The monster showed up after midnight. As they do. But it isn’t the monster Conor’s been expecting. He’s been expecting the one from his nightmare, the nightmare he’s had nearly every night since his mother started her treatments, the one with the darkness and the wind and the screaming.... This monster, though, is something different. Something ancient, something wild. And it wants the most dangerous thing of all from Conor. It wants the truth. Patrick Ness spins a tale from the final story idea of Siobhan Dowd, whose premature death from cancer prevented her from writing it herself.
Darkly mischievous and painfully funny, A Monster Calls is an extraordinarily moving novel about coming to terms with loss from two of our finest writers for young adults.
©2011 Patrick Ness (P)2011 Brilliance Audio, Inc.
“Compelling ... powerful and impressive." (Philip Pullman, author of the award-winning His Dark Materials trilogy)
“Brilliant and elegant, with all the thrills and ambition you would expect from the author of the Chaos Walking trilogy." (Frank Cottrell Boyce, award-winning author of Millions and Cosmic)
“Haunting, lyrical, powerful, and true. Patrick Ness has crafted a masterful story about grief and loss, love and hope that lingers in the heart like a ghost.” (Libba Bray, author of the Printz Award-winning novel Going Bovine)
"Exceptional ... this is storytelling as it should be - harrowing, lyrical, and transcendent." (Meg Rosoff, author of the Printz Award–winning novel How I Live Now)
Patrick Ness has written a book that will stay with me for a very long time. The human condition is so well depicted, our vulnerability, our capacity for self-deception, and our lack of seeing beyond the situation directly in front of us. Isaac's narration kept me enthralled, wanting to know what was next, all the while knowing what the final outcome would be.
I will listen to NO boring book. Old Fav's,Card, King , Hobb. New Fav's, Hill, Scalzi, Sawyer, Interested in Lansdale, Crouch, Konrath
STORIES ARE IMPORTANT
In four hours, we and Connor face divorce, cancer, bullies and loss. Uplifting, this book is not. In an interview in the end, Ness says he wrote this for himself and then he says he wrote it for teenagers. He wanted teenagers to get a real understanding of death without the sugar coating they would normally get. He wanted them to know that things don't always turn out alright or happily ever after. He does this through stories told by a monster and through Connors real life. I commend him for this and believe he does a fine job of accomplishing this. The stories the monster tells are interesting and thought provoking. Connor responds like a preteen or a teenager.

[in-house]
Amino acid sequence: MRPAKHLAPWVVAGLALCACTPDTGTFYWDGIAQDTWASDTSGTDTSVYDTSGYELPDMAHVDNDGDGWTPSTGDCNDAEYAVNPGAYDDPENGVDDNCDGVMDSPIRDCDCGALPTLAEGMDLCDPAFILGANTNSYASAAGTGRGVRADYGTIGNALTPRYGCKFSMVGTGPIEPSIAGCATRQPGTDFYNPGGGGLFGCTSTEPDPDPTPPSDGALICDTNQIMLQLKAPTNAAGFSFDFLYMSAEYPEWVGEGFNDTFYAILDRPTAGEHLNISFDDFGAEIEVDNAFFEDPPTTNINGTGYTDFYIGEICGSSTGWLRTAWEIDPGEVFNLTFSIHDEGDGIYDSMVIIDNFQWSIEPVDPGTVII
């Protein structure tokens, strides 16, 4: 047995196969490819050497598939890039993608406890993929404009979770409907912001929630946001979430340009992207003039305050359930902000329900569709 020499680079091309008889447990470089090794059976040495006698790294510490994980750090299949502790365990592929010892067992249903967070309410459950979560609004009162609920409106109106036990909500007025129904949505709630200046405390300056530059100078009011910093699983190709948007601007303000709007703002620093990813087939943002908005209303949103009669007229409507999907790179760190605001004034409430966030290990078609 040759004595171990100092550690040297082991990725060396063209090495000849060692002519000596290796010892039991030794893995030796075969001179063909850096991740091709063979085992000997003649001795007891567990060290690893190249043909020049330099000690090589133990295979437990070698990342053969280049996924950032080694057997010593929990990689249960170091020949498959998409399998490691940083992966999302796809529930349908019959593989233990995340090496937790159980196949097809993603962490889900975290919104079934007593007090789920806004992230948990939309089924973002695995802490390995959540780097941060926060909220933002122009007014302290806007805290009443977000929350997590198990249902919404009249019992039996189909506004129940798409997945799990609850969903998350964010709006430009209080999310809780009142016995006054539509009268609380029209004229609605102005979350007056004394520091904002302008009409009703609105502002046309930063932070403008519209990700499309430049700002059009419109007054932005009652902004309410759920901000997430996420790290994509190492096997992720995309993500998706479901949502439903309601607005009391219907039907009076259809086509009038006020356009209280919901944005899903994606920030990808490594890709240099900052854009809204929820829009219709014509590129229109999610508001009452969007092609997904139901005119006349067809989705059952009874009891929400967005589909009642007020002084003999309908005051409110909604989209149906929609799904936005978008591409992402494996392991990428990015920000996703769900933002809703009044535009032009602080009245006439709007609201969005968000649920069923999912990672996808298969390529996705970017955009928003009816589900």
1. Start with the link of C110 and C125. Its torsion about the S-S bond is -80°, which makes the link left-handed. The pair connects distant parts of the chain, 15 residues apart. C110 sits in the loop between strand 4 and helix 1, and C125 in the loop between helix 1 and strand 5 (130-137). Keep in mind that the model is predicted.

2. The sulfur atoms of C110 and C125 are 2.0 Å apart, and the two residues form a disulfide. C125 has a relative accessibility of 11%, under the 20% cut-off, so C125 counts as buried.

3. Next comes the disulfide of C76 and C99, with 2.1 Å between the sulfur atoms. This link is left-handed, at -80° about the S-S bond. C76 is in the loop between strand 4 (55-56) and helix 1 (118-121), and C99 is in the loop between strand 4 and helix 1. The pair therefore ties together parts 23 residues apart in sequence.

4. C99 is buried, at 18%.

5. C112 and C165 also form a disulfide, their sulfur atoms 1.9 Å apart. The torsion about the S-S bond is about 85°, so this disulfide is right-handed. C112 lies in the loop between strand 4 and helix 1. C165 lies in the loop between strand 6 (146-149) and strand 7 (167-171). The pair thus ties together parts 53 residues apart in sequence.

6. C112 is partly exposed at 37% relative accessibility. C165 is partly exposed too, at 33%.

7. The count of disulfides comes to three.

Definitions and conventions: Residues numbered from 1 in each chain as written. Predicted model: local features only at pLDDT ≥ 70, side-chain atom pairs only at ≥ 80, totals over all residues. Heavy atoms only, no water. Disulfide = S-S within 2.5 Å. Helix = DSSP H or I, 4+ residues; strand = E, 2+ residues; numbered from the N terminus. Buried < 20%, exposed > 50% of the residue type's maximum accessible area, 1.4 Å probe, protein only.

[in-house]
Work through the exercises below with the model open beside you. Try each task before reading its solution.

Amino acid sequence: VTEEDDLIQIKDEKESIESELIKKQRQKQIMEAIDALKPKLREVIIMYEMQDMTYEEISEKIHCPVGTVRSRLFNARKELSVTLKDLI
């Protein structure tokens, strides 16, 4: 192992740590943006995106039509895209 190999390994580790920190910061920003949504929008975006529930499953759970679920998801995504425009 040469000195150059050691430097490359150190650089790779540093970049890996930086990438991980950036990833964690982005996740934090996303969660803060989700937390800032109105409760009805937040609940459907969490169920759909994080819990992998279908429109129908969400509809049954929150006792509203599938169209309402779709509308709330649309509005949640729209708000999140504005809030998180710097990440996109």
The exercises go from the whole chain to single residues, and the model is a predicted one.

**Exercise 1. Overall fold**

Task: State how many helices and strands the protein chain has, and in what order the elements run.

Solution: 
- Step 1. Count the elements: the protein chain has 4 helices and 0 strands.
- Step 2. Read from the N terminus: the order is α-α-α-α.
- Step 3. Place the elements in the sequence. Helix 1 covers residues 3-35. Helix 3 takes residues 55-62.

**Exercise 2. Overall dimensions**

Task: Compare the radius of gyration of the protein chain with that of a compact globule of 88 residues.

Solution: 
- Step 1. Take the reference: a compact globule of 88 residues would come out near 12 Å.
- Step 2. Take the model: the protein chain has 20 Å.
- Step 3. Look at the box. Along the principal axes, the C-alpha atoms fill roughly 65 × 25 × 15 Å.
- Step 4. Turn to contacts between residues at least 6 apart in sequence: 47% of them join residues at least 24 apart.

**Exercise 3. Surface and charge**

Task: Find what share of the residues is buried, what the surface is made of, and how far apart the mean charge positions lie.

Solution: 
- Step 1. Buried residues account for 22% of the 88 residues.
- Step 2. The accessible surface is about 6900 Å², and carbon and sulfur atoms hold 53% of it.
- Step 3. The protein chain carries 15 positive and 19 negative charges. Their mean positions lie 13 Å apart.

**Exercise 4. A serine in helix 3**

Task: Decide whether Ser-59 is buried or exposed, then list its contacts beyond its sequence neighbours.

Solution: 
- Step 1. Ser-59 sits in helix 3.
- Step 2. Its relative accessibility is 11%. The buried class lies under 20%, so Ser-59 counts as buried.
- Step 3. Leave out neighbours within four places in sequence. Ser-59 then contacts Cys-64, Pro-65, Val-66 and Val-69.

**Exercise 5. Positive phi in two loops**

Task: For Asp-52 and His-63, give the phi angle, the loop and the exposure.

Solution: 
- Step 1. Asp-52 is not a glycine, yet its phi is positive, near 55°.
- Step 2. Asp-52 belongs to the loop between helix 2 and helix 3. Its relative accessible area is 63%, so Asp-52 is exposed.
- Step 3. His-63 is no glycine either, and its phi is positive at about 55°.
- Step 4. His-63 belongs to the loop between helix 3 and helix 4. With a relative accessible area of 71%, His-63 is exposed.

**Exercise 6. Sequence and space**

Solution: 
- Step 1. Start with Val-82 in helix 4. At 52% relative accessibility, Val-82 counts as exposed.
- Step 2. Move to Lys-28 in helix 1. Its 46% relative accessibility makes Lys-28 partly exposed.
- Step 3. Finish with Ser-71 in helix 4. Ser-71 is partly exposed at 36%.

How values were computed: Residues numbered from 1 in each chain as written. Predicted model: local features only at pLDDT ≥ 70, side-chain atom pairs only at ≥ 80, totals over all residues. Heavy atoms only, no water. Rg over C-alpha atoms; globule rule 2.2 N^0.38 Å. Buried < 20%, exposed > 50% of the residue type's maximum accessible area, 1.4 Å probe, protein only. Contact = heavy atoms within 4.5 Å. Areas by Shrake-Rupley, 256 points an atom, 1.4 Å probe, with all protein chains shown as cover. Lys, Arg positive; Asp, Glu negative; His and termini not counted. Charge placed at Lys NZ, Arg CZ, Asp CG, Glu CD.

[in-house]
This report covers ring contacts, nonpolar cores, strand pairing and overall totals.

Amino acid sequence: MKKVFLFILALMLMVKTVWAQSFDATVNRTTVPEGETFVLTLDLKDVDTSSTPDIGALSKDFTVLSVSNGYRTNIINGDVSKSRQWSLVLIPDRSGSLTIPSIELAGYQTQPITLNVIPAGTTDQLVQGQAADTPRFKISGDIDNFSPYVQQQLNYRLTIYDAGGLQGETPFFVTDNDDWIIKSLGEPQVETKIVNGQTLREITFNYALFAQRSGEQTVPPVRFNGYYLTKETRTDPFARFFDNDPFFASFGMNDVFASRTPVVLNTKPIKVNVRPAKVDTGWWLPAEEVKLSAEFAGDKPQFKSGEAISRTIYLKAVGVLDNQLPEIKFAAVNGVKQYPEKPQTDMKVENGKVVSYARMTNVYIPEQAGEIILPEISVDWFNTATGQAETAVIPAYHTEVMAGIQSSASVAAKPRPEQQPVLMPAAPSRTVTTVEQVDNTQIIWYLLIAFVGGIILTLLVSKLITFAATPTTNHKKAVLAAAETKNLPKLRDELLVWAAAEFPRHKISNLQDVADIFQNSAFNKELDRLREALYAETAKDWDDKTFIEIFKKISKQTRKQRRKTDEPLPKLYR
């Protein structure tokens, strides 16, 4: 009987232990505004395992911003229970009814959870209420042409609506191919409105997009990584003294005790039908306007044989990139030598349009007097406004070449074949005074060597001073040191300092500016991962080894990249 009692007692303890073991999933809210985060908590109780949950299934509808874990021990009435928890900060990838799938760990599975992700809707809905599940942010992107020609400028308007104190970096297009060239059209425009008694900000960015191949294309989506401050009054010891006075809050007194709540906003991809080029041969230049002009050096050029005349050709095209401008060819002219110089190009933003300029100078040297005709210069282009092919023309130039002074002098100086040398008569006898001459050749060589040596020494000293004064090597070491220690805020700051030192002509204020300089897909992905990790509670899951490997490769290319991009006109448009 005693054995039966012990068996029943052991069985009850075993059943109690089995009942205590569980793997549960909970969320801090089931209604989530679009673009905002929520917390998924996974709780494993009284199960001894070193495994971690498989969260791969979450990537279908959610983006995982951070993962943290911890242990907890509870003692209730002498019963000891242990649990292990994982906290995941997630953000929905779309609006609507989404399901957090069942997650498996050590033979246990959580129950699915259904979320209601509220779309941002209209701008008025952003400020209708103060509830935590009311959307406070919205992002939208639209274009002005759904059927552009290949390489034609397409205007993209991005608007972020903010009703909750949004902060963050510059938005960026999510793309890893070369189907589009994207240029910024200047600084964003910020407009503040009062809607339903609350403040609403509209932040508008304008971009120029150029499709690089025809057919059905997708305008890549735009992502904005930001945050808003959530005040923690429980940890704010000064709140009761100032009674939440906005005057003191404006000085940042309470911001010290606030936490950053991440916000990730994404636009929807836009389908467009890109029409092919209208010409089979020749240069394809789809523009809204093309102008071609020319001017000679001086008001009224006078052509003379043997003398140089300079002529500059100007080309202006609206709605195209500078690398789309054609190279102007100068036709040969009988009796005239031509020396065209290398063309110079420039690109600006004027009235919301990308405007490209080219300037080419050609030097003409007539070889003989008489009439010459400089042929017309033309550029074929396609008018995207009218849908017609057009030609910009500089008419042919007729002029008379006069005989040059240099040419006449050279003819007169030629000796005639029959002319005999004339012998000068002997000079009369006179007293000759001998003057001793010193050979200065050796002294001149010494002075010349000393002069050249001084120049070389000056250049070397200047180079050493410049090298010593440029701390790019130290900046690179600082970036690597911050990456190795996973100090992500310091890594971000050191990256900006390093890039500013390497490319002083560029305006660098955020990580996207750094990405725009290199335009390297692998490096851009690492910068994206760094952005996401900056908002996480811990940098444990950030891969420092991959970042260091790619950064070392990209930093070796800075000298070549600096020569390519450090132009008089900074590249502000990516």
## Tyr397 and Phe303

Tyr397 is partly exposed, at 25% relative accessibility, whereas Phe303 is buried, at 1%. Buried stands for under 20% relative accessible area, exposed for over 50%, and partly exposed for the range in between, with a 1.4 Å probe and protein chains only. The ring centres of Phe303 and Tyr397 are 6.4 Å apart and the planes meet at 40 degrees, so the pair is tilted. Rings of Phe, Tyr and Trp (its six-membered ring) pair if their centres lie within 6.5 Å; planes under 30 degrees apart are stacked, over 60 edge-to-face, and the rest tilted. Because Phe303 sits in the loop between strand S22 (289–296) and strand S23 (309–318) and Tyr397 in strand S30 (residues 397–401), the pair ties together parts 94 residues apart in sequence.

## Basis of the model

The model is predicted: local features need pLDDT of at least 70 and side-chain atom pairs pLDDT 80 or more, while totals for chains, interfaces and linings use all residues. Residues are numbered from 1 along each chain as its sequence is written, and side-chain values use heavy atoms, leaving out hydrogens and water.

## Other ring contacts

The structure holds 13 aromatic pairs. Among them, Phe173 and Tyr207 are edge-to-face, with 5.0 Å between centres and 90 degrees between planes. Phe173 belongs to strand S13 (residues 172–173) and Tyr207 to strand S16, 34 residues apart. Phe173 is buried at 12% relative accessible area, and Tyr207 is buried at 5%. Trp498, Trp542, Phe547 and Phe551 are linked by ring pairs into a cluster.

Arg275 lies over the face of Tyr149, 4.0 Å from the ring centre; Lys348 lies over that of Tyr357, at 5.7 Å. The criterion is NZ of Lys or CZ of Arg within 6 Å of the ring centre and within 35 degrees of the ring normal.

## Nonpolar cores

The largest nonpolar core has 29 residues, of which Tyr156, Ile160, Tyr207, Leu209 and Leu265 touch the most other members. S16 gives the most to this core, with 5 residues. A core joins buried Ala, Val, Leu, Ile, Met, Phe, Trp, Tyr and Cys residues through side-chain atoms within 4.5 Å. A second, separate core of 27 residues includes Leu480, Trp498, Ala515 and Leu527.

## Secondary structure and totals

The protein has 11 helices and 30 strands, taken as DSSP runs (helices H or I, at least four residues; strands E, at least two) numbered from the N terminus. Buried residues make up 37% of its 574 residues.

The story had a little of a 1960's feel to it. I did not understand the big deal that was made out of the divorce of Connor's parents. I understand Connor being mad at his dad, but did not understand the school kids making such a big deal out of it. In this day and age with so many parents divorcing, it is not such a big deal to school kids. I don't believe he would be made fun of and bullied, because his parents were divorced. In order to be dramatic I believe Ness over did it on that issue. I also did not like how the conflict was settled. Ness settled it through violence. I understand that kids have to stand up for themselves, but since Ness wanted to be so realistic, he should not have sugar coated the outcome. I thought we as a society were past, Might means Right or the good guys wear white hats and always win.
All in all the story was good. I gave it four stars, but I will admit that I was ready for it to end.
I lost my mother when I was 32 years old, and this book brought all those feelings flooding back. it was relatable and sad, and I lived it. My only criticism is that I kept thinking to myself, "Why isn't someone taking this kid to a therapist?"
I am a school counselor that loves horror, fantasy, autobiographies, self-help, and Christian genres. I am a BIG bookworm! Reading is life!
So far, "A Monster Calls" ranks toward the bottom because I think it was a great story, but it feels more suited for a middle schooler than a 25-year-old. The book was not what I thought it was going to be. I figured it would be scary, but it was more about grief and loss.
The main character, Conor, was my favorite character because I could feel the pain he must be going through with losing his mother to cancer. Luckily, I have never been through a situation like that, but the author did a great job of encompassing what a teenage boy would be internally and externally battling under these circumstances. I think the author did a good job of getting inside the realm of teenage-hood.
My favorite scene was at the end when he was hugging his mother tightly. I knew he was going to be alright because he finally faced his demons and allowed himself to feel what he was repressing for so long.
I was moved by the scene of Conor holding onto his mother over the cliff with the monster encouraging him to speak the truth. I could feel myself getting into the scene and being in suspense even though I knew what was going to happen. I could feel the tension of the battle that Conor was dealing with inside himself. When he finally broke down and spoke the truth; I felt a sense of relief and satisfaction because he let go of everything he had been holding in.
I think this book would be excellent for a middle schooler or high schooler to read if they are dealing with grief or loss of a loved one because they would be able to relate with what the main character is feeling and dealing with.
Report Inappropriate Content